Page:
Tree Pest Prevention and Treatment Tips

When things are natural and balanced, the process of nutrient recycling,
decomposition, and plant recycling is helped with the use of bacteria,
microorganisms and insects. When it comes to your yard, these
microorganism and insects manage to coexist to build the perfect
well-balanced habitat. This natural balance can’t be replicated by any
man-made means and when things grow naturally in this manner it leads to
natural pest control.

The ideal environment is created by balancing the amount of healthy
plants with the insects and diseases that naturally show up in the
environment. When one particular aspect outweighs the others then you
can end up with a real problem. We discuss many of these problems on thetreecareguide.com,
but the good news is that there are ways to tackle such as scenario and
re-balance the ecosystem to get everything working properly.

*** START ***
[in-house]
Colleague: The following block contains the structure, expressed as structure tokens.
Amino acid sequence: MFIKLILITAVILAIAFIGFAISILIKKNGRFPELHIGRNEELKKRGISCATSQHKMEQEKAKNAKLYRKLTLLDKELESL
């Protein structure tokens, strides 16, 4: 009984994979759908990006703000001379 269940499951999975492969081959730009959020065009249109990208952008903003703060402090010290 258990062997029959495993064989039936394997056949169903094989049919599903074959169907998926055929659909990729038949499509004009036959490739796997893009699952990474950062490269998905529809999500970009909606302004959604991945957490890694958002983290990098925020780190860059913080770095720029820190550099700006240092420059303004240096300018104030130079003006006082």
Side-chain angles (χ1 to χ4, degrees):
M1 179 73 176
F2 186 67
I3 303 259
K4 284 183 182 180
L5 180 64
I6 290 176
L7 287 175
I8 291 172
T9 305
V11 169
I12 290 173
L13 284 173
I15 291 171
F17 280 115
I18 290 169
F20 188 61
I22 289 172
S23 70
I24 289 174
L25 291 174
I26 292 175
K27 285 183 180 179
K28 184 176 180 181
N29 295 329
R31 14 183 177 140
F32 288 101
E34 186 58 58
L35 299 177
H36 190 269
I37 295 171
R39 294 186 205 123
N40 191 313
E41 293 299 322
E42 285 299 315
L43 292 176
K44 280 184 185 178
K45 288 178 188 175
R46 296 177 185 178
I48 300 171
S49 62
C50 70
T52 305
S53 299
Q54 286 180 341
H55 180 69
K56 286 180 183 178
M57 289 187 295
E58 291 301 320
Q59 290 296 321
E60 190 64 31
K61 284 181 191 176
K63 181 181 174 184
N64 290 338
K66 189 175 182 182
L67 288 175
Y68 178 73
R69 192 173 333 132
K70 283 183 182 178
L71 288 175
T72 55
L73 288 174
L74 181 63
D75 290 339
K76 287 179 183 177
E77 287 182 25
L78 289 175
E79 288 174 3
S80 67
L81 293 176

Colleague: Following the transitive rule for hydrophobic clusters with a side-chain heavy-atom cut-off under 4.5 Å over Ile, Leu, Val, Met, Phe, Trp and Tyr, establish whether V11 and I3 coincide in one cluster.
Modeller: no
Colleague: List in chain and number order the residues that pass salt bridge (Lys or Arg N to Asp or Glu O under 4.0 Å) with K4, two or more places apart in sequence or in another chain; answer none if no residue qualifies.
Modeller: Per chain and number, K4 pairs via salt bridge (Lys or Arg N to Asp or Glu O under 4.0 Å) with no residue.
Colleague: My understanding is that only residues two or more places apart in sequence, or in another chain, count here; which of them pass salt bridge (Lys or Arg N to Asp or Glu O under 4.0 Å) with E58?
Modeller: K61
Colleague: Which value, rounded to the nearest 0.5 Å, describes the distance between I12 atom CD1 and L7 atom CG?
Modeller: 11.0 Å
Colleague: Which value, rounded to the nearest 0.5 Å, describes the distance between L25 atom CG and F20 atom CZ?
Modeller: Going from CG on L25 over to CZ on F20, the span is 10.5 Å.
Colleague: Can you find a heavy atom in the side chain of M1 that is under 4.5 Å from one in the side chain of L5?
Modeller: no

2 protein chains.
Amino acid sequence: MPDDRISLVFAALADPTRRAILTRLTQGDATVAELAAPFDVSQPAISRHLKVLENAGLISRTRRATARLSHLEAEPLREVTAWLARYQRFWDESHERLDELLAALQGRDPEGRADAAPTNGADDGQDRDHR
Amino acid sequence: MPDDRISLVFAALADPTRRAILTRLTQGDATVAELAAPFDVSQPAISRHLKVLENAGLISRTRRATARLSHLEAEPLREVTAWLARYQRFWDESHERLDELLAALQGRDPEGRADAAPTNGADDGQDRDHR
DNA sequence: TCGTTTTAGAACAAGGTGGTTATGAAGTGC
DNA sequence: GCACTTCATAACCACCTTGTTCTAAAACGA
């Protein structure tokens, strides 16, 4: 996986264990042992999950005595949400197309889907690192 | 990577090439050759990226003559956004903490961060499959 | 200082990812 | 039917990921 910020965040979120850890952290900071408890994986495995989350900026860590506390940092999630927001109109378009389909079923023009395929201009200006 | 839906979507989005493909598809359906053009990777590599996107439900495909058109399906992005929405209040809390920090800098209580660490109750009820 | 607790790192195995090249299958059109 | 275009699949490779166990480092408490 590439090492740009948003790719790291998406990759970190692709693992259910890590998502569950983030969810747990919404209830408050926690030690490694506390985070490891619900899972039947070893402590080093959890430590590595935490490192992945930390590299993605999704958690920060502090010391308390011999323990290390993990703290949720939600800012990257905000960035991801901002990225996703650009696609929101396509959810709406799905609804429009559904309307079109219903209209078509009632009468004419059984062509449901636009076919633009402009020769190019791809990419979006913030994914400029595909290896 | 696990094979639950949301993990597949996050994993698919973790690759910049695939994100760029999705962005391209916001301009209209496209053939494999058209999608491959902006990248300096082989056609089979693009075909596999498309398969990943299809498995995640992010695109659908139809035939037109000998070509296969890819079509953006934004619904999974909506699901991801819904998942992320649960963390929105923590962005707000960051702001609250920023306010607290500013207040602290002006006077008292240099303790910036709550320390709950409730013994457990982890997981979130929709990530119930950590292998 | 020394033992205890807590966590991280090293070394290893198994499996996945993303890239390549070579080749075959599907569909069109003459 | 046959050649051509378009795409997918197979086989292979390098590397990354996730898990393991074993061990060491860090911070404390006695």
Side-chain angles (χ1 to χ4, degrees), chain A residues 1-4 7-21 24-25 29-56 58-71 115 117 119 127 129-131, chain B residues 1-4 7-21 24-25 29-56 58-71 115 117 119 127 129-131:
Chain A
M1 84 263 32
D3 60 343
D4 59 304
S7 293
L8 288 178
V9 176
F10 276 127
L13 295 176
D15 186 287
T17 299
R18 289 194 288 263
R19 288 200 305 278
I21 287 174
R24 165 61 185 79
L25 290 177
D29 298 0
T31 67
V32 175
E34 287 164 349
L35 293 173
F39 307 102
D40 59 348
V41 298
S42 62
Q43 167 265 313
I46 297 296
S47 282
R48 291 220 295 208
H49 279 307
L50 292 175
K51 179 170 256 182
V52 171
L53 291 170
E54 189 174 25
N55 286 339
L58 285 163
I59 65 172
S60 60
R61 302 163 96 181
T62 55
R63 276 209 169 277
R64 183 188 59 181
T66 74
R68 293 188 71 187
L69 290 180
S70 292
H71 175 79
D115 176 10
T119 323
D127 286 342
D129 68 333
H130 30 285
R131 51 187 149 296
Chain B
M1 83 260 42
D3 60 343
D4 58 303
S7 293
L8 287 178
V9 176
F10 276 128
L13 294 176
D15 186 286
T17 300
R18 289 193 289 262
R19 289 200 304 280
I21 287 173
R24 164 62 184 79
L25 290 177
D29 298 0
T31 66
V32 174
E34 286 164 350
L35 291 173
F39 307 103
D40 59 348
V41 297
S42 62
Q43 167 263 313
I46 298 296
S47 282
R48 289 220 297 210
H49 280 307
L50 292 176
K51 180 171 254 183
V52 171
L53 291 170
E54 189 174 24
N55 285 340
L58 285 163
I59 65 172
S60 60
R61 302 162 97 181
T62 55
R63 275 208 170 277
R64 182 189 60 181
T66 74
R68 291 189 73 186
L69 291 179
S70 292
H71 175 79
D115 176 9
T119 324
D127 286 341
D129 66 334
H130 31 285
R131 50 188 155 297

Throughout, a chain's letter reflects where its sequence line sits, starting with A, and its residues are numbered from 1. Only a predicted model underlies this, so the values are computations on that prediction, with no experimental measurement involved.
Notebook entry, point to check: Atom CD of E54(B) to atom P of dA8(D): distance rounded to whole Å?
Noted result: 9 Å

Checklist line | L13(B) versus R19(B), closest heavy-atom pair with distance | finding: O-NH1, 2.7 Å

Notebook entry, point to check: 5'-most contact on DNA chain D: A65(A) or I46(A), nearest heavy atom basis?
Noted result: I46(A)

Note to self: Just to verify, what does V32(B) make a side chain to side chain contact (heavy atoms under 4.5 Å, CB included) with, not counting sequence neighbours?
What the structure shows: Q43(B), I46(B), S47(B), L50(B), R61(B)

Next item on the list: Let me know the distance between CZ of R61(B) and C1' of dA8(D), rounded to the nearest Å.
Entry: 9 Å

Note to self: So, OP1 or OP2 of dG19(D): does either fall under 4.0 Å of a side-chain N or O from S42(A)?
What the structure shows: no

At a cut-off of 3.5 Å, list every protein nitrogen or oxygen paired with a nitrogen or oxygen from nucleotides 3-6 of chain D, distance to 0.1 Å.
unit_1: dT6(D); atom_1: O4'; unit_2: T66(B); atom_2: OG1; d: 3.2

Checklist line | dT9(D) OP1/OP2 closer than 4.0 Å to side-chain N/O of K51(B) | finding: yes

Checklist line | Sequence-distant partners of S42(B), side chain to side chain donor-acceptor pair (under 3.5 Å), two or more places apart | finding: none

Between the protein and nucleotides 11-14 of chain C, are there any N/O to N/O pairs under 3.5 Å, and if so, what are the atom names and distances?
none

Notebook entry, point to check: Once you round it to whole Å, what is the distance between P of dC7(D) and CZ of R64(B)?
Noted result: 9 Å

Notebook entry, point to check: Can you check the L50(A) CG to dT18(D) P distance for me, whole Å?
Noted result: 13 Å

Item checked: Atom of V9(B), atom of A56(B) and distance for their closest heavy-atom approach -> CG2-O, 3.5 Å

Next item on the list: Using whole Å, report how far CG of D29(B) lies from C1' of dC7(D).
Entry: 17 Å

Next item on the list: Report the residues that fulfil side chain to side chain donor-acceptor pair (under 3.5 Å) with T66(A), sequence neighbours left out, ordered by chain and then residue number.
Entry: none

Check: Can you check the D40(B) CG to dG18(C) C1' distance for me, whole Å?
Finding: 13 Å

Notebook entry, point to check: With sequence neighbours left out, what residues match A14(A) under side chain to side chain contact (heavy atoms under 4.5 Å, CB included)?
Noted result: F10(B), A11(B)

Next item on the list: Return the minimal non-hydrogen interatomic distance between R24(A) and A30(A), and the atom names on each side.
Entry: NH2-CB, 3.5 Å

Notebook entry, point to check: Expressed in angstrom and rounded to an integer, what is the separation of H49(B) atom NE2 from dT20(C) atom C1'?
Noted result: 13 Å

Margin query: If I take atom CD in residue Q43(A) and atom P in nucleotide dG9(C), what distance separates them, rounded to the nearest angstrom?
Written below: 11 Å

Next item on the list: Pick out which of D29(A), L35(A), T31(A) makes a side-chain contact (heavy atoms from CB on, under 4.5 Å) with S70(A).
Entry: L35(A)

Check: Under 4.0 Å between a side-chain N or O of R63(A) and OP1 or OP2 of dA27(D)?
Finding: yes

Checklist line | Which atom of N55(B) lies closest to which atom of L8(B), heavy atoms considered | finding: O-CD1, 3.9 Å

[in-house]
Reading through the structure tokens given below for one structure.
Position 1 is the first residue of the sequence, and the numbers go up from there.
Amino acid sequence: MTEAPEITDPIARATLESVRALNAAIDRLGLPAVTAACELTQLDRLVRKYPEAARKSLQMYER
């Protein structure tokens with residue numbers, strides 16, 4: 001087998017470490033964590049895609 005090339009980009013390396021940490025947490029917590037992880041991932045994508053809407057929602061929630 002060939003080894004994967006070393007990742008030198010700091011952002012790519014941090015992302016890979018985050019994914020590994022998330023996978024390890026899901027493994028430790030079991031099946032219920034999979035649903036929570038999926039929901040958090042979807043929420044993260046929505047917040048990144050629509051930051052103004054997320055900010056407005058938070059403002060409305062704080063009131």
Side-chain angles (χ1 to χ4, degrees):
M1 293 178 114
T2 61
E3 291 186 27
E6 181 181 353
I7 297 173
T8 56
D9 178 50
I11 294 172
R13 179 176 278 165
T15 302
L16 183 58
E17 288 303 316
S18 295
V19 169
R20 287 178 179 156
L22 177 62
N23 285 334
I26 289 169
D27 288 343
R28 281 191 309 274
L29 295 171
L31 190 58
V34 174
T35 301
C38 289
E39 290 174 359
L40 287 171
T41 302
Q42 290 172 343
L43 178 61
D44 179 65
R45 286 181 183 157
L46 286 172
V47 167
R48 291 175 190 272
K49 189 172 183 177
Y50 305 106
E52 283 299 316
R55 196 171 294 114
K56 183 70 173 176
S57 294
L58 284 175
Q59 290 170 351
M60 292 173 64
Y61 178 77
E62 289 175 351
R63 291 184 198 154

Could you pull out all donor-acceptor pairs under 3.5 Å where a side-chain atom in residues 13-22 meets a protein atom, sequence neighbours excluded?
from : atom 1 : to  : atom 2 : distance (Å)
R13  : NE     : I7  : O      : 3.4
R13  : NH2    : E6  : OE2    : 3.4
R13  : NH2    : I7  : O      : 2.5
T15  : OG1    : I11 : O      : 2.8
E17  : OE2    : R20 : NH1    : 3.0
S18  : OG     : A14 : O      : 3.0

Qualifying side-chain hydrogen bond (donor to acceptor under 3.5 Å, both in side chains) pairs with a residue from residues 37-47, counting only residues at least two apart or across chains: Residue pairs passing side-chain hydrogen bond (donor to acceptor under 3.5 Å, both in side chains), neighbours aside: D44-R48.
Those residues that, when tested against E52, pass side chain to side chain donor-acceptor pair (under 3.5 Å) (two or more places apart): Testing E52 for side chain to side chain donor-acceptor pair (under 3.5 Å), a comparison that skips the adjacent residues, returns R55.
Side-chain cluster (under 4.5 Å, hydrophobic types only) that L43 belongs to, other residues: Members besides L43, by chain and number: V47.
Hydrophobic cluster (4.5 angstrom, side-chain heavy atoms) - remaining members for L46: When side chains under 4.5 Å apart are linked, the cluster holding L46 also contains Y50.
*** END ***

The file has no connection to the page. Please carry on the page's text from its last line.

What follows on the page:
Increase Age Disparity and Species Diversity

Some property owners will keep only a limited species of trees.  Then
there are people with the property to grow their own little woods in
their backyard. Even people with a forest for a back yard are unaware of
how beneficial these are in keeping pests at bay.

These small wooded areas that have a large diversity of tree species
will be less susceptible to outbreaks of pests compared to wooded areas
featuring just one or two species of trees.

Having a diversity in the age of trees also helps reduce the chances
of a pest outbreak. A diversity in age, much like the diversity in
species, will make the ecosystem more complex and stable.

Maintaining a healthy age diversity is likely going to lead to a
natural balance of organisms. This balance works to keep pests away from
young trees. This harmony is created as these pests are eliminated by
the predators and parasites that are already in the area from the older
trees.

Maintaining a Healthy Ecosystem as a Pest Prevention Strategy

In a similar vein to pest prevention, there are two key benefit of
keeping the landscape healthy. The first is that the healthier a tree
and its ecosystem is, the less likely it is to succumb to pests. The
second is that, should there be an outbreak, these healthy plants are
better equipped to survive the infestation and respond well to treatment
afterwards.

In order to keep your trees healthy and less stressed you should
ensure that they do not get overcrowded. Much like anything in nature,
when plants are overcrowded they will fight each other for important